Later, we went with Crystal back to the library to look up a photographer named Brassi- marred recollections, shining black and white images of large ended pale women posing in Paris, in the wet brick streets, in the misty night, with fleeting expressions now caged in a heavy book in a heavy library

on a windy night, somewhere else.

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Who’s In Your Mirror

true self

I was 20 years old and on a Greyhound bus from Seattle to Denver, for no real reason other than I had taken a semester off from Chico State and wanted to head East for once. The drive took several days, and at one point during the trip we were stopped at some random town somewhere, it was night, and the interior lights went on. I caught a glimpse of my reflection in the window across the aisle, and after so much time of being alone among strangers I was struck by the familiarity of my own face and overcome with an aching love for myself. I suddenly came to the realization that one day I would be gone from this earth and I missed myself fiercely, wishing that I could stay until I decided, on my own terms, when to go.

When I think of that moment now, it’s about confronting one’s own mortality but also about how we’re always saying goodbye to some old version of ourselves, often not realizing it in the moment. That was a self that was single, childless, still searching, still constructing my own version of the world and what about it was important to me. Part of me feels like that was the truest version of myself and always will be. Sometimes I think about that moment as a goodbye to the girl version of me, who still had so much to learn.

Here’s the thing: I have this dichotomy happening in me right now. Since Mina’s birth I’ve been grappling with this question of who I am now. When I gave birth to a child, my old self died. So suddenly and completely that I can’t compare it to any other event in my life. For the first time in my life, I felt that I didn’t matter. It wasn’t about me anymore. I stopped looking in the mirror- Mina was my mirror. When someone asked me how I was, I would respond with Mina’s state of being. For a while none of my needs were important to me, except to keep myself functional so I could care for my baby. In some ways it was liberating- so much of my life up to that point was spent focusing on myself, my wants and needs and feelings, my appearance, my identity; how freeing to feel selfless for once, without ego, without ambition aside from being this child’s mom.

But every day it got a little easier to remember my self and put energy towards doing those things I used to do. As she gets older I am remembering how to be an individual person; but now I have to get reacquainted with myself, like seeing an old friend again after years of living overseas. I slowly got back into art, music, writing, reading, biking, friends, time with Benny, time alone. But of course it was different. Motherhood has changed every single thing about me. I feel like there is still an umbilical cord connecting me and my daughter. She is still my mirror.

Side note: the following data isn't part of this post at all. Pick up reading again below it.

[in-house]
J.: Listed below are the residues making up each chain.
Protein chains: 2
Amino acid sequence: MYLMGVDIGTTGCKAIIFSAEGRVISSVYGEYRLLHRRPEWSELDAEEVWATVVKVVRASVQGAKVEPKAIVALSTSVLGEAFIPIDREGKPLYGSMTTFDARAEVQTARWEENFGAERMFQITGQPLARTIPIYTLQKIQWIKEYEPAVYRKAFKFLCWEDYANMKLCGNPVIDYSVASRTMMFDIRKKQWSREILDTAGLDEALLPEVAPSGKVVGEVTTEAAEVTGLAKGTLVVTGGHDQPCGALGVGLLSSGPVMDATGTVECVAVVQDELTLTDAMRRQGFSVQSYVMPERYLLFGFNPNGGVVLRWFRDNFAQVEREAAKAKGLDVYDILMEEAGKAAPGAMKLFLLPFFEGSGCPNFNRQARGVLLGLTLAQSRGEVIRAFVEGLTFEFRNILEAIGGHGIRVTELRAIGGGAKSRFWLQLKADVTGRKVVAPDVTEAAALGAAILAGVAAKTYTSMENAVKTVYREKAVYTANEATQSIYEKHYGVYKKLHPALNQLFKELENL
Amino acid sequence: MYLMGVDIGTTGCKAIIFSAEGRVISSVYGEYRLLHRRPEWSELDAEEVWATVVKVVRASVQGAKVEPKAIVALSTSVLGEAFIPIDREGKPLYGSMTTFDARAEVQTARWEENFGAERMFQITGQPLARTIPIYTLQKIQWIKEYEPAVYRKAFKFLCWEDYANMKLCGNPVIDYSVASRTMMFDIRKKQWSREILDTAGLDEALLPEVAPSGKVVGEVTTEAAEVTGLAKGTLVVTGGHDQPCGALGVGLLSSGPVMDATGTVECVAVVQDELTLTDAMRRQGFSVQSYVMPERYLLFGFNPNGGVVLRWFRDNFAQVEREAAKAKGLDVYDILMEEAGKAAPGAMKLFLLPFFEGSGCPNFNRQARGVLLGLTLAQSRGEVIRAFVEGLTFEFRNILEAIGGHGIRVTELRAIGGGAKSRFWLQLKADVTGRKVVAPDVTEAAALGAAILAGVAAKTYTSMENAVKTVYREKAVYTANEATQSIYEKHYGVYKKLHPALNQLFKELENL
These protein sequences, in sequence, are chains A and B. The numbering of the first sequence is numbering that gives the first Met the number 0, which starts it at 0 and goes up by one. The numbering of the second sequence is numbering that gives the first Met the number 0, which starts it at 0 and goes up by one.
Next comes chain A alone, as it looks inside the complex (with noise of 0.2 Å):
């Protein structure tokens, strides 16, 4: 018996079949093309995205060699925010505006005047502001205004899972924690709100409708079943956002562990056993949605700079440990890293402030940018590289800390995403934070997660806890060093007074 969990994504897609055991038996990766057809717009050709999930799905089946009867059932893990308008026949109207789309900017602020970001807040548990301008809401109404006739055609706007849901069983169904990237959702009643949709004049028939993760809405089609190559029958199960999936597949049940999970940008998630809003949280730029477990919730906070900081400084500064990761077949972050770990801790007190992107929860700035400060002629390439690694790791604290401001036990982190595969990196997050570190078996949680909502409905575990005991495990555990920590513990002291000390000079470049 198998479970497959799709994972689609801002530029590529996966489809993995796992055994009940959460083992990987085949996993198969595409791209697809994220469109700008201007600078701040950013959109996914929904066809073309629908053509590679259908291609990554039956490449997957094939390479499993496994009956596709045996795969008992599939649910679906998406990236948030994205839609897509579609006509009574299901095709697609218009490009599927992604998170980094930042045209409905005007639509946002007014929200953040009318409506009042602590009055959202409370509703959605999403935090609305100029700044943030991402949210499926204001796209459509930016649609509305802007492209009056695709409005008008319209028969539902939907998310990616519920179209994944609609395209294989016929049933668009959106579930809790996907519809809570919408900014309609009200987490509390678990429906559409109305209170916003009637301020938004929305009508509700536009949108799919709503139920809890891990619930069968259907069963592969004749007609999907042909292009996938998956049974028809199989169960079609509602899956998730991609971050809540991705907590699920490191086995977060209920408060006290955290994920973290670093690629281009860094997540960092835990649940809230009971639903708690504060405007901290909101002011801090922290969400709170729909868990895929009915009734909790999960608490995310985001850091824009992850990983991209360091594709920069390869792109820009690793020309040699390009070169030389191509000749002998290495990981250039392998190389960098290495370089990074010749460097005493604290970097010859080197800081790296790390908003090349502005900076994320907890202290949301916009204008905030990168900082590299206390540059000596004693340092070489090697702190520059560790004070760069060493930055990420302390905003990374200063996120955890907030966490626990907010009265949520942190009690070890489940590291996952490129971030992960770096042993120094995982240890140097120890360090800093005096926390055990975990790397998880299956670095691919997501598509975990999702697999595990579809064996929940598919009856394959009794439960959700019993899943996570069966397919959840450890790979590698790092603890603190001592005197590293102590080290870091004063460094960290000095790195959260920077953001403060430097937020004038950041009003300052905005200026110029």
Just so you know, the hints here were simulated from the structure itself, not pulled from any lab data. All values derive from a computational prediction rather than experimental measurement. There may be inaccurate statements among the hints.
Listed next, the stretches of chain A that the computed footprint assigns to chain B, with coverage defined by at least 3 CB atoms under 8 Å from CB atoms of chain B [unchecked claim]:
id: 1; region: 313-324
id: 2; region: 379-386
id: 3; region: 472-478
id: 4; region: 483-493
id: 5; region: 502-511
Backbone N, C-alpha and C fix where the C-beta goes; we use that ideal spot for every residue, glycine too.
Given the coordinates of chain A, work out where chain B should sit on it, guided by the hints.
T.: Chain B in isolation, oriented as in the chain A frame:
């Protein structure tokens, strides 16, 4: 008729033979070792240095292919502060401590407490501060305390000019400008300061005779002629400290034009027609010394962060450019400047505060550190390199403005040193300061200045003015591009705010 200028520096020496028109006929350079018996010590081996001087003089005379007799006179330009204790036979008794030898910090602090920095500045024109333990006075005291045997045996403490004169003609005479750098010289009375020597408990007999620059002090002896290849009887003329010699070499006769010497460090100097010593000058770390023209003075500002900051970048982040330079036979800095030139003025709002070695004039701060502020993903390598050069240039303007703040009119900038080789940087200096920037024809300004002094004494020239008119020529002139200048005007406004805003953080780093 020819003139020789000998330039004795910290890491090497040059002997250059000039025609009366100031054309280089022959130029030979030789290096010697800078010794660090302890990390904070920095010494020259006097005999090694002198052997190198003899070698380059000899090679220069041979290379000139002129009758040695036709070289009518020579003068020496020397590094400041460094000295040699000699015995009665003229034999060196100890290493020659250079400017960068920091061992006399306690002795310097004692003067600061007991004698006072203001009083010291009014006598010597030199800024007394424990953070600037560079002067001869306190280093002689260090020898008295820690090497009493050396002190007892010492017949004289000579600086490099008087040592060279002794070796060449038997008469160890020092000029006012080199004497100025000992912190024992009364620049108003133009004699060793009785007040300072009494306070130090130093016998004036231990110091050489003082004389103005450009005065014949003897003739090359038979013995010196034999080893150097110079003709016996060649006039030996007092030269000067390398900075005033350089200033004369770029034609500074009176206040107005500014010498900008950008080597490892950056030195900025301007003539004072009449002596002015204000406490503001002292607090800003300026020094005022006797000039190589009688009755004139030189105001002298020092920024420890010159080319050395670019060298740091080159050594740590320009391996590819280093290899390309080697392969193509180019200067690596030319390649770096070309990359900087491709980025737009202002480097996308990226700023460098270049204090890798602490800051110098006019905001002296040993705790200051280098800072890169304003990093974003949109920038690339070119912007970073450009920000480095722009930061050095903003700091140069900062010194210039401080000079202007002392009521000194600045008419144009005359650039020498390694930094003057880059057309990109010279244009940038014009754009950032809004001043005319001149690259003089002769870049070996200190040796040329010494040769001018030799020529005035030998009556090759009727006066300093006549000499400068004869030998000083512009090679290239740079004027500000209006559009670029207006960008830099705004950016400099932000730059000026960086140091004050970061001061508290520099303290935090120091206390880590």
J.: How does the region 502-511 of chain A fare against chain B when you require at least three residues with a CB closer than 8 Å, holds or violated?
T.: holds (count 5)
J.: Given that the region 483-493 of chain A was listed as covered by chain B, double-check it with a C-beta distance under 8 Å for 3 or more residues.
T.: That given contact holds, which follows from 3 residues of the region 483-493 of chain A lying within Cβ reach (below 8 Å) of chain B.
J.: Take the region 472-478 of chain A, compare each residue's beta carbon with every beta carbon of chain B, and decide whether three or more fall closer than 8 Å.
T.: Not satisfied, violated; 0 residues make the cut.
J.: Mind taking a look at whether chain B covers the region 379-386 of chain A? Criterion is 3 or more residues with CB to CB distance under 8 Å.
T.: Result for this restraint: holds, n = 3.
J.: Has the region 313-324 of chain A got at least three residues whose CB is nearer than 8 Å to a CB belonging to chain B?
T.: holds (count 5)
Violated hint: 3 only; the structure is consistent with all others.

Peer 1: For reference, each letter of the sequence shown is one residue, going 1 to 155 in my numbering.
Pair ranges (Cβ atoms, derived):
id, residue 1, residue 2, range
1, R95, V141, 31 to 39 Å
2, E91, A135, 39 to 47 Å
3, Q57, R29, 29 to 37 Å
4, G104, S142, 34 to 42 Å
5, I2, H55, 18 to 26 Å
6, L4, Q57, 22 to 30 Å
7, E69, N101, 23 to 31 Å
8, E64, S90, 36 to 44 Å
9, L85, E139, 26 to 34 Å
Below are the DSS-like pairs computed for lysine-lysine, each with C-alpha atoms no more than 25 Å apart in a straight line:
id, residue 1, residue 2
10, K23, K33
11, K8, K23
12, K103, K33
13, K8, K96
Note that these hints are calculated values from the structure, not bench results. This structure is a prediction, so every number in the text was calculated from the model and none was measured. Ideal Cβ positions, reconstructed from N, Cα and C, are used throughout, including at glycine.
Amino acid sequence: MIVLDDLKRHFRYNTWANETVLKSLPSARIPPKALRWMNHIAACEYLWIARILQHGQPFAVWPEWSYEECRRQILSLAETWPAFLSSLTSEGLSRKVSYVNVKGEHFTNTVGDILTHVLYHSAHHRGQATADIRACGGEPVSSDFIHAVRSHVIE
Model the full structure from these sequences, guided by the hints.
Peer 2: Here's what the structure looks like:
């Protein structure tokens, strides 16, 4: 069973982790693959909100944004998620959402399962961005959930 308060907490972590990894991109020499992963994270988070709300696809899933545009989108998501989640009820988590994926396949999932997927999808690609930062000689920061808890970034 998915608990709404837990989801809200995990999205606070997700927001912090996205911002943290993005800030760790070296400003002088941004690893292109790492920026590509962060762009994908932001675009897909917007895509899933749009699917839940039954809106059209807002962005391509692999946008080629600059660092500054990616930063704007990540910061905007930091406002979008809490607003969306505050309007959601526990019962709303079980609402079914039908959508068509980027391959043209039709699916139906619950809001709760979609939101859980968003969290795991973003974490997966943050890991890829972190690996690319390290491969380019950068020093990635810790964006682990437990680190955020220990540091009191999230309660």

The funny thing is, I’ve gotten used to the feeling that I don’t matter. When I became a mother, my vision suddenly zoomed out- I saw the whole world in her, every person who has ever lived and ever will live. I saw my place in the cycle of life, I saw her place in my family tree and the family tree of all humanity. I understood my parents better, and I understood my childhood better. The combination of motherhood and growing older has given me a much bigger view of things. So much so that it’s hard to stay within the confines of my small self and my small life- I find myself often looking down from above, trying to make sense of the whole ecosystem. I’m often struck by the strangeness of the human experience, how lucky and how cursed we all are. How complex and intelligent and how foolish and weak.

Part of me wants to figure out who I am now and establish a fresh identity, and part of me thinks, “Who cares?” I don’t matter and I kind of like it that way. Working to establish an identity is the work of someone younger. I’ve heard it said that the first half of your life is for building your ego; the second half of your life is for dissolving it. I want to be pliable, flexible, open, unguarded. I want to keep a loose grip on who I think I am and what I believe in. I want to flow in and out of everyone, hear and feel others, go by different names, find kinship with the changing seasons. I want to feel comfortable saying goodbye to an old part of myself, knowing that being a part of this world means that she was never meant to stay.

 

 

I took this self portrait at Burning Man when I was 20. This was supposedly a mirror that showed your “true self”- not a mirror image but the way others see you.